In recent years, coworking has become an increasingly popular way for individuals and businesses to operate, and as of 2022 there were around 19,400 coworking spaces globally.
How can we get the most out of these spaces? And, relating to the design, what aspects of the space are important to maximising productivity, appealing to as many different working styles as possible, as well as enhancing wellbeing and inspiring user creativity?
What is Coworking?
First, we need to understand exactly what coworking is. Coworking is a type of working space in which people from different teams and companies come together to work in a single shared space.
Using a coworking space can have many benefits, both on an individual and an organisational level, and we will look at how the design and features can impact this.
Who Would Use a Coworking Space
Various businesses can use a coworking space effectively, however when launched in the early 2000s, they would mainly attract solo workers and web entrepreneurs.
They can be a good fit for businesses entering new markets, those who don’t want to the risk of a long-term lease, as well as by companies who are seeking to cut down on large amounts of unused office space, as remote working increases.
As well as the traditional start-ups and sole traders utilising the spaces, users now also include well-known and even multi-national, global organisations.
Important Features of a Coworking Space
To ensure users get all of the benefits out of a coworking space, there are elements that need to be considered in relation to how they look and the facilities they contain.
Types and design of workspaces are important
The core functionality of a coworking space is as a place to work, and it is paramount that this aspect is the focus.
It is vital to have quieter areas, as even in a shared space there are times where individuals will need to focus on something intensely. There should also be areas in which workers can take private and confidential calls, so consider a soundproofed booth, away from the rest of the space.
Also important is having practical spaces to work – i.e., making sure there are sufficient sockets to plug in laptops and chargers. Consider usability, but also the finish and design – for example making sure that any fixtures and fittings, including the sockets and any electrical enclosure boxes are of the highest standard and finish.
For everyone it is important to have practical places to work, different seating types and even features like beanbags and steps can all provide places for optimum productivity. Natural lighting throughout has many benefits, including creating a welcoming atmosphere, enhancing vitamin D and energy levels and generally elevating workplace satisfaction.
A change in scenery from the normal desk can increase productivity – 69% of office workers say that their productivity increases if they are able to work in a variety of settings throughout the day. This can also open the door to collaboration with others in the space – a potential breeding ground for a fresh set of ideas.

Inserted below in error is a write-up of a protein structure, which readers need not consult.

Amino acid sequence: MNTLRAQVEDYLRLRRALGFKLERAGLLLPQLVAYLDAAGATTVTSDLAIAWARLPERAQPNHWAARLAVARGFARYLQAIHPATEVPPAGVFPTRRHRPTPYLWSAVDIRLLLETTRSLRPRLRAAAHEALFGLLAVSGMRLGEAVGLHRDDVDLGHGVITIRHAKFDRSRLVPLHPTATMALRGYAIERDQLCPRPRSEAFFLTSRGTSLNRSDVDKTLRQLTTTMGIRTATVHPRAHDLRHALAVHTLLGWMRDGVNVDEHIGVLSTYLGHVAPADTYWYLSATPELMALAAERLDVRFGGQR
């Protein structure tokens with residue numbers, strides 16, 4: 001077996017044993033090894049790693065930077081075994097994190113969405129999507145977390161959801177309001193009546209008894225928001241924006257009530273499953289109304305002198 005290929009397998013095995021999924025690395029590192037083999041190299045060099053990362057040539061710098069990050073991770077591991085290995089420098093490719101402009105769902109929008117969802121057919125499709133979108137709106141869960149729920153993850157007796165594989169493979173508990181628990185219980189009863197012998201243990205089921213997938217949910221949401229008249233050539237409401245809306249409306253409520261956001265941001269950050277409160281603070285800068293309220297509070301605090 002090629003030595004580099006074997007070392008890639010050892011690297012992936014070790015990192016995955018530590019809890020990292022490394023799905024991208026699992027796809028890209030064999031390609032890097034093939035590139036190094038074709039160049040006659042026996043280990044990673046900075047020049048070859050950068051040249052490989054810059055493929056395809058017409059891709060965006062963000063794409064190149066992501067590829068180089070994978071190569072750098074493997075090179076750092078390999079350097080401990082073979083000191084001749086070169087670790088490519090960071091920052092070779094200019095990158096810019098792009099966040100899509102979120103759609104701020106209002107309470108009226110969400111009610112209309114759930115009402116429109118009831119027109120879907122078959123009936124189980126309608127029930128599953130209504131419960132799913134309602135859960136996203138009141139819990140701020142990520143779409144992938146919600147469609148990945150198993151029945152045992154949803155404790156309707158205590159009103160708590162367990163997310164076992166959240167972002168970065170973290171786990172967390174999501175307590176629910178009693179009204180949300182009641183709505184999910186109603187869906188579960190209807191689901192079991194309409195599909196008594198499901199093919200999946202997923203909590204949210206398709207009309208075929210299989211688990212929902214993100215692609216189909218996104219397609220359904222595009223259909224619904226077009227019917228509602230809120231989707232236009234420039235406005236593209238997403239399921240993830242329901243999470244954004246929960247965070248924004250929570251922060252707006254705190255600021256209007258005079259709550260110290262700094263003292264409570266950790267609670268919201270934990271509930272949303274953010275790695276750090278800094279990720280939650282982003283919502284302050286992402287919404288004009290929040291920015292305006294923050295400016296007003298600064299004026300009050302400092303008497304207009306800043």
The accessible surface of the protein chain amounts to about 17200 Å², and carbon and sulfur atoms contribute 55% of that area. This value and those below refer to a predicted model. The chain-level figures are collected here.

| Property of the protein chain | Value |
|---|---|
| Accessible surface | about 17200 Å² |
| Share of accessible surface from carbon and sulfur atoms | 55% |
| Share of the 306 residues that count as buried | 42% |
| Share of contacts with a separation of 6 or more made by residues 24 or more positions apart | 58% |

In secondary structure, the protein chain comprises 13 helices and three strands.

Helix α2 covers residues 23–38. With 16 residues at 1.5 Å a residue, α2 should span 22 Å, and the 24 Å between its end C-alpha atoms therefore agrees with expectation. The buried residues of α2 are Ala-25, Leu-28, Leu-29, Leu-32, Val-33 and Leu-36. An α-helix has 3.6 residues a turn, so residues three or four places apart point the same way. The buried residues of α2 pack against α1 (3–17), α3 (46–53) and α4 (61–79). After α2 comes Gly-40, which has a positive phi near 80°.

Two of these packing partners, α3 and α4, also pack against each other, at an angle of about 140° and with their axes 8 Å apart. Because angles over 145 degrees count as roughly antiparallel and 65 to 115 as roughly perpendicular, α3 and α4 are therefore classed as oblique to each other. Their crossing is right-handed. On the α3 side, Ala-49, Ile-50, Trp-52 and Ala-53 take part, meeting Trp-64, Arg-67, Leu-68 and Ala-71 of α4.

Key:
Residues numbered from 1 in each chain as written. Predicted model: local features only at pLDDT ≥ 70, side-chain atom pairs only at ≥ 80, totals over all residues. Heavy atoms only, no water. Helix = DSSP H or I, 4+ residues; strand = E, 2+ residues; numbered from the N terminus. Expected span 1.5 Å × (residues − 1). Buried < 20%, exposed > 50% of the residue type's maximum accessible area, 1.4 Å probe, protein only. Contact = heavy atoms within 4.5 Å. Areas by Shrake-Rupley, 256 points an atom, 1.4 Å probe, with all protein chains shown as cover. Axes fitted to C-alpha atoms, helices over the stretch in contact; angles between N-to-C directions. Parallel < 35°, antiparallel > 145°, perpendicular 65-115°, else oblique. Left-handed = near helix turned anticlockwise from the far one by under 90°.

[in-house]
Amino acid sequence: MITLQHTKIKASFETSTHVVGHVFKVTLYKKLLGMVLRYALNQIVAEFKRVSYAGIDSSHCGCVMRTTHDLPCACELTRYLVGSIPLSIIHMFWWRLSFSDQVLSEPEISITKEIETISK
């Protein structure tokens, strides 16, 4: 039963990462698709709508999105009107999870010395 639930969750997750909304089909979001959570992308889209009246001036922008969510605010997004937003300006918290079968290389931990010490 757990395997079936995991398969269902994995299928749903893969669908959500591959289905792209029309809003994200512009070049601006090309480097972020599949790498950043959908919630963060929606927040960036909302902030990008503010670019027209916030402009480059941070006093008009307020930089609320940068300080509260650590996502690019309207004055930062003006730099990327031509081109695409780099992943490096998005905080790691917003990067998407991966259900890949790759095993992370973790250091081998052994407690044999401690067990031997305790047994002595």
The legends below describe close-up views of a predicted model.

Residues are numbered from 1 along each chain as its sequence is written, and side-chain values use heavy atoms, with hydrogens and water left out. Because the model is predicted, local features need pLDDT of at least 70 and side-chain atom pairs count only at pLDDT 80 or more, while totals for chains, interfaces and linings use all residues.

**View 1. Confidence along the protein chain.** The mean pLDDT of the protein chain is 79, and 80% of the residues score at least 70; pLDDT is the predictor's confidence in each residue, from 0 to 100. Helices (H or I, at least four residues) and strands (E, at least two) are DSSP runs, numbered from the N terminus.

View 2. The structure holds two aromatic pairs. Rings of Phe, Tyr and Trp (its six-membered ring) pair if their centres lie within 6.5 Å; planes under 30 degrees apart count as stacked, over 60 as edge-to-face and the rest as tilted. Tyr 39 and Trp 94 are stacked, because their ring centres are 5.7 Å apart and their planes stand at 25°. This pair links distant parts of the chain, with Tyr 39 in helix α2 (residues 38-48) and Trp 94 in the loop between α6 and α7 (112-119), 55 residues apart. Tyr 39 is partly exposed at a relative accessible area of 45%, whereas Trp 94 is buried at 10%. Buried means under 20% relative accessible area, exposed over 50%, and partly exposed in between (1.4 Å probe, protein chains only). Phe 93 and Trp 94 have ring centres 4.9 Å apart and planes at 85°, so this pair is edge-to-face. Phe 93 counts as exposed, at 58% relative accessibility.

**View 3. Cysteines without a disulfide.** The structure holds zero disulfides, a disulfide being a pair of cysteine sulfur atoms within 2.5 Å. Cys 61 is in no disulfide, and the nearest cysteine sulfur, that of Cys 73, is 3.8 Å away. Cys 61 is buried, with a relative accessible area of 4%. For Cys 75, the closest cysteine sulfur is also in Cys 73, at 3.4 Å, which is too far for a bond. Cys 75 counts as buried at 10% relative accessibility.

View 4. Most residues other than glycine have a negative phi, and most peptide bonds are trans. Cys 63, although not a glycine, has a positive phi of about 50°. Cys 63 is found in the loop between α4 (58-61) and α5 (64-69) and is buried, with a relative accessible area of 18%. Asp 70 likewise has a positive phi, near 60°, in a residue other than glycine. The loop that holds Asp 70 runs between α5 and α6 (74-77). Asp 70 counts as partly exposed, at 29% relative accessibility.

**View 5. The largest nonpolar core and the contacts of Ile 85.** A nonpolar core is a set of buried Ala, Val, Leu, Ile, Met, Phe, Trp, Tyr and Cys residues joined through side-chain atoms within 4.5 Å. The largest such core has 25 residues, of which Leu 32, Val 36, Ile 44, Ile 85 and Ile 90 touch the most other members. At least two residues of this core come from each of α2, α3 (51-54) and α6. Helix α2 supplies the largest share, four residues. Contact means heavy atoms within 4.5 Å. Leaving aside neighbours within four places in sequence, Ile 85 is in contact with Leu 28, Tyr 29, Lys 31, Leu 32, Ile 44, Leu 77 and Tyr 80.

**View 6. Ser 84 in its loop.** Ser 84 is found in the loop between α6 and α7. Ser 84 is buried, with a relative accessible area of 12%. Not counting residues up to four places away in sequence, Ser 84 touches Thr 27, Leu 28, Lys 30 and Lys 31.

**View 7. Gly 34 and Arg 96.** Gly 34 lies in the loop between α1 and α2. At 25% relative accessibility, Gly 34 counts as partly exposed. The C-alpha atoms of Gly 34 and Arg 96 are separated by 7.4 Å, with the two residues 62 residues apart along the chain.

A meeting of minds
As well as ensuring individuals have enough practical spaces to work, a coworking space should also have areas or rooms for team meetings.
Just like the working areas, meeting room offerings should vary. There is a place for the more traditional meeting room, but consideration should also be given to booths, sofas and spaces in a kitchen or foyer, where teams can break out and discuss ideas.
As well as a range of designs, think about alternative sized meeting rooms to cope with different teams, to help reduce the risk of larger spaces being wasted for smaller teams, and vice versa – large teams being unable to find a suitable space.
Facilities and collaboration
With workstations and meeting rooms covered off; attention should be given to what other facilities your space will contain, as well as the emphasis on the collaboration.
Just as a kitchen area can become the heart of the home, a well thought out kitchen in a coworking environment can become one of the most important and collaborative places.
When teams are making teas and coffees, as well as lunches, this can be a source of interaction and spark a conversation.
As well as potentially developing ideas for work, interaction can boost the social aspect – 79% of users say that being in a coworking environment expanded their social networks, with 83% feeling less lonely.
A nice kitchen area could couple as a meeting and breakout space and could be where company updates and briefings are held.
Coffee machines, water coolers fresh fruit or even beer fridges can encourage people to leave their desks and contribute towards creating a collaborative culture. Again, ensure enough power sockets are in place, to allow people to work in these spaces too.
Offering a comfortable working environment is an essential aspect of the coworking space. With the right facilities, design and ethos, your coworking space can become a collaborative location for business to thrive.